Asilomar, meaning “refuge by the sea,” offers park visitors the chance to explore the natural beauty of this coastal park and to learn of its colorful history as the Young Women’s Christian Association (YWCA) conference grounds and summer camp designed by the renowned architect Julia Morgan. From the beginning, Asilomar has served as a retreat for those who wished to escape the pressures of an increasingly fast-paced world. Enhanced by the natural beauty surrounding the facility, Asilomar offers a peaceful oasis for educational and spiritual retreats, and a place for individuals and families to spend a quiet and relaxing time together. Located on the Monterey Peninsula in the city of Pacific Grove, Asilomar offers beach and coast trail walks, a short boardwalk loop through the natural dune preserve and overnight room lodging and conference facilities. From its historic architecture to the forest, the dunes and coastline, State Park staff takes the lead in protecting and educating park visitors to Asilomar and monitors the delicate balance between preservation and public access. Asilomar State Beach is a narrow one-mile strip of sandy beach and rocky coves. A walking trail is open to pedestrians. The trail is accessible and a beach wheelchair is available upon request. Across from Asilomar State Beach is the Asilomar Natural Dune Preserve. One of Asilomar's landmark stiles stands at the gateway to this preserve. A mile boardwalk meanders through the 25 acres of restored sand dune ecosystem. Discover the native plant greenhouse where more than 450,000 plants, representing 25 species have been grown and planted in the dunes and coastal bluffs. The boardwalk also leads park visitors to the Asilomar Conference Grounds. Asilomar originated as a woman's summer camp and conference facility out of the inspired vision of a handful of resourceful, socially-concerned and committed women of the YWCA in 1913. Its historic buildings were designed by California architect Julia Morgan. It has been owned and operated by State Parks since 1956. Vehicle parking and a bicycle lane is adjacent to the state beach on Sunset Drive. Asilomar State Beach is within the boundary of Asilomar Marine Reserve. All marine resources, animals and features are protected. No collecting or fishing is allowed.Dogs are permitted on the state beach but must be leashed at all times and in the immediate control of the handler. There are no restrooms or picnicking facilities on the state beach.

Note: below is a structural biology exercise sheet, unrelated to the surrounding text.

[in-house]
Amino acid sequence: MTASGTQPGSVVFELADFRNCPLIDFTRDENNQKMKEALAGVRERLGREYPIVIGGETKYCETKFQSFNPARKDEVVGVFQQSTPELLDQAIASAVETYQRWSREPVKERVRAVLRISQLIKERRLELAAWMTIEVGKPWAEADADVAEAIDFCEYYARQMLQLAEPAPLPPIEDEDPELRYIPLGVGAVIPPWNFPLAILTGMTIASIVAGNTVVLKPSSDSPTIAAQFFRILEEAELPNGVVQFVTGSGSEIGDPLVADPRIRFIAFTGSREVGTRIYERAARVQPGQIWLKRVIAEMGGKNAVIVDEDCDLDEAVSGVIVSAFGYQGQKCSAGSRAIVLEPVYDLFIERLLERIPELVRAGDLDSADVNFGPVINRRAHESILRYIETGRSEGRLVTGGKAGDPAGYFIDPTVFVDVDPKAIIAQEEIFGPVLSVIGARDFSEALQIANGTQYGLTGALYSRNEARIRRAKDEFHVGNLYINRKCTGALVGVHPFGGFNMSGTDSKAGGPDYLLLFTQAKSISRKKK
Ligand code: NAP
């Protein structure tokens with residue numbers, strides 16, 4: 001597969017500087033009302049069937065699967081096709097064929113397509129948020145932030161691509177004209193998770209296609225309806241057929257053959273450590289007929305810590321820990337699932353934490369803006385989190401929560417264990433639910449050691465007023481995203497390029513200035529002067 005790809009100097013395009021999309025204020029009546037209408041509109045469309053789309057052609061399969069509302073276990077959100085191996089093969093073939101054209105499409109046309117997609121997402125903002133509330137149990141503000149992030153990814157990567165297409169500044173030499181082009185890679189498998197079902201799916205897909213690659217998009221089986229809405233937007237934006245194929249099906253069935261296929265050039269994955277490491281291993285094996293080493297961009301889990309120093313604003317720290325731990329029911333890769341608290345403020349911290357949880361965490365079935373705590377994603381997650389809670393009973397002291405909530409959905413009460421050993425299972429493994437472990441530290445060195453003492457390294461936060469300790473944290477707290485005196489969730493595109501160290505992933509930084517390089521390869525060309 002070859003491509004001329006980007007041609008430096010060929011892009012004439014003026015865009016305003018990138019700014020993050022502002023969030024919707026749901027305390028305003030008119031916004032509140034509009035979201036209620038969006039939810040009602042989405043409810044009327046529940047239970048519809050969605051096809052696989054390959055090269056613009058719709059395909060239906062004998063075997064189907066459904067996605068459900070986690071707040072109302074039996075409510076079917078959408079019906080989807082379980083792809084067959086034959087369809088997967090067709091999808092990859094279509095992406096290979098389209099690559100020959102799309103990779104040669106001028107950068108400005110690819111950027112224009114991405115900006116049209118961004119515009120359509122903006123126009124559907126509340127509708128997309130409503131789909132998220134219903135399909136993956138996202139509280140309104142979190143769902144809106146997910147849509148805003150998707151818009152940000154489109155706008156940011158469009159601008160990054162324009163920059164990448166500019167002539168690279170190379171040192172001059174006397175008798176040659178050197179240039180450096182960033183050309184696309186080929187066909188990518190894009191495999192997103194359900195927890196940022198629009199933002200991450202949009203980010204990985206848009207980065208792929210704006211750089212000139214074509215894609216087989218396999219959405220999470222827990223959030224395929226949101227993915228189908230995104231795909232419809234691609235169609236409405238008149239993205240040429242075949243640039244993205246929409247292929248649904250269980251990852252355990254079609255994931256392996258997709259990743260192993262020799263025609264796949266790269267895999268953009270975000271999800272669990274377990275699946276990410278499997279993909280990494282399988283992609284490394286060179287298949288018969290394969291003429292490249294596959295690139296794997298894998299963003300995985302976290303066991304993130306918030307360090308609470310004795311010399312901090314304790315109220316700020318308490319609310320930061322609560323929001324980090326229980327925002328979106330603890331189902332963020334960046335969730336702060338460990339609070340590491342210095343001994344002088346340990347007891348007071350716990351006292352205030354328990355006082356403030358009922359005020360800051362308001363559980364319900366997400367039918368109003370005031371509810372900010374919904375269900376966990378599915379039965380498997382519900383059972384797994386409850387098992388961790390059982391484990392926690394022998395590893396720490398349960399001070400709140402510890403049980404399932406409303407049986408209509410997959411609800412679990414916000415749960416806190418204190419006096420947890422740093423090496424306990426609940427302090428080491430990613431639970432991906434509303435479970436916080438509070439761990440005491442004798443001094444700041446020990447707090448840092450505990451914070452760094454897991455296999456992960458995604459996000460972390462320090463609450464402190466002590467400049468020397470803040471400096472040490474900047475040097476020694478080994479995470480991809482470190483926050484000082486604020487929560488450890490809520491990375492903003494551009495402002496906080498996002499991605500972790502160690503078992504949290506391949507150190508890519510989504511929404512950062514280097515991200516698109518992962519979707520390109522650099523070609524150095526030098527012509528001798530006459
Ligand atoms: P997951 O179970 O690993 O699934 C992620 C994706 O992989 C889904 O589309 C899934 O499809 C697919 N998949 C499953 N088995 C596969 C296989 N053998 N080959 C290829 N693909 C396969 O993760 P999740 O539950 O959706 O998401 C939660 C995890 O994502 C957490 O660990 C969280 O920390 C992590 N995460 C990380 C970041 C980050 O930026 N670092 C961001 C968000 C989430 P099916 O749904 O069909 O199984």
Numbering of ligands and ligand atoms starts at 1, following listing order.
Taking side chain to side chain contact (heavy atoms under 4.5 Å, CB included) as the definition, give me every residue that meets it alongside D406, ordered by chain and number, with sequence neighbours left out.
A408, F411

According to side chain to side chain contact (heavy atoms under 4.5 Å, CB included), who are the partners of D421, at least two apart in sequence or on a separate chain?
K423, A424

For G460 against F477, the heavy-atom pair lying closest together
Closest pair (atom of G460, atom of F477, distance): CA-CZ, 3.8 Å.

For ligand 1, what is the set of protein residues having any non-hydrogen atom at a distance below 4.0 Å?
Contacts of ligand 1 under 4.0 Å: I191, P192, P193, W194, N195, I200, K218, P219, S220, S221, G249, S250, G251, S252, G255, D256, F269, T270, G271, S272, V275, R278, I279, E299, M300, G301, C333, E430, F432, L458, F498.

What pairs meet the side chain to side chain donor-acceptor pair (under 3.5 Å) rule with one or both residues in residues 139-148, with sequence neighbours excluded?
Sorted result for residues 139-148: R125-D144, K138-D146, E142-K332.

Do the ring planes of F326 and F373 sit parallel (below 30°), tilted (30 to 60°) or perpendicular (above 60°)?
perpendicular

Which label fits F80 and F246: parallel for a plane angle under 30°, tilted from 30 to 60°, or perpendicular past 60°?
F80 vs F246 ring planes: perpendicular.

Nice walk on boardwalk and some spots for tide pools exploration and beach fun. Despite being labelled as an on-leash only beach (it is required by law and signage), some fools let their dogs off leash and without proper voice control. On two separate occasions during the same walk, I had to keep two dogs away from my dog, one I had to hold away by the collar and wait for its owner to retrieve it; and it was very frustrating. Despite that, my dog appeared to have a good time otherwise - we had to sometimes go on the boardwalk to avoid other off-leash dogs who were obviously not under voice control and owners weren't paying attention... So if you have a reactive dog, you may need to be on the lookout for irresponsible owners.
Laurah B. on Asilomar State Beach and Coast Trail
Beautiful walk along the coast with this trail. Lots of wildlife, and love the waves!
My dog Candy-Cane and I do the loop from Fishwife -- 17 mile drive -- Spanish Bay -- back almost to Asilomar. It isn't this exact trail that is mentioned but it's basically attached to it. It's probably my most favorite hike ever! There are big tress, the beautiful "Spanish Bay" golf course and of course the amazing beach! People do let there dogs off leash on the beach so be aware as some people let them come running down the trail like lunatics.
Brian C. on Asilomar State Beach and Coast Trail
Awesome views. Lots of whales.
Nice trail to walk, worth a stop if you are just wanting to stroll around or have children with you. Great for older folks who don't want to scramble over rock or obstacles. It is fun to watch the surfers in Spanish bay though! A lot of seals hang out on the rocks too and the tide pools aren't bad.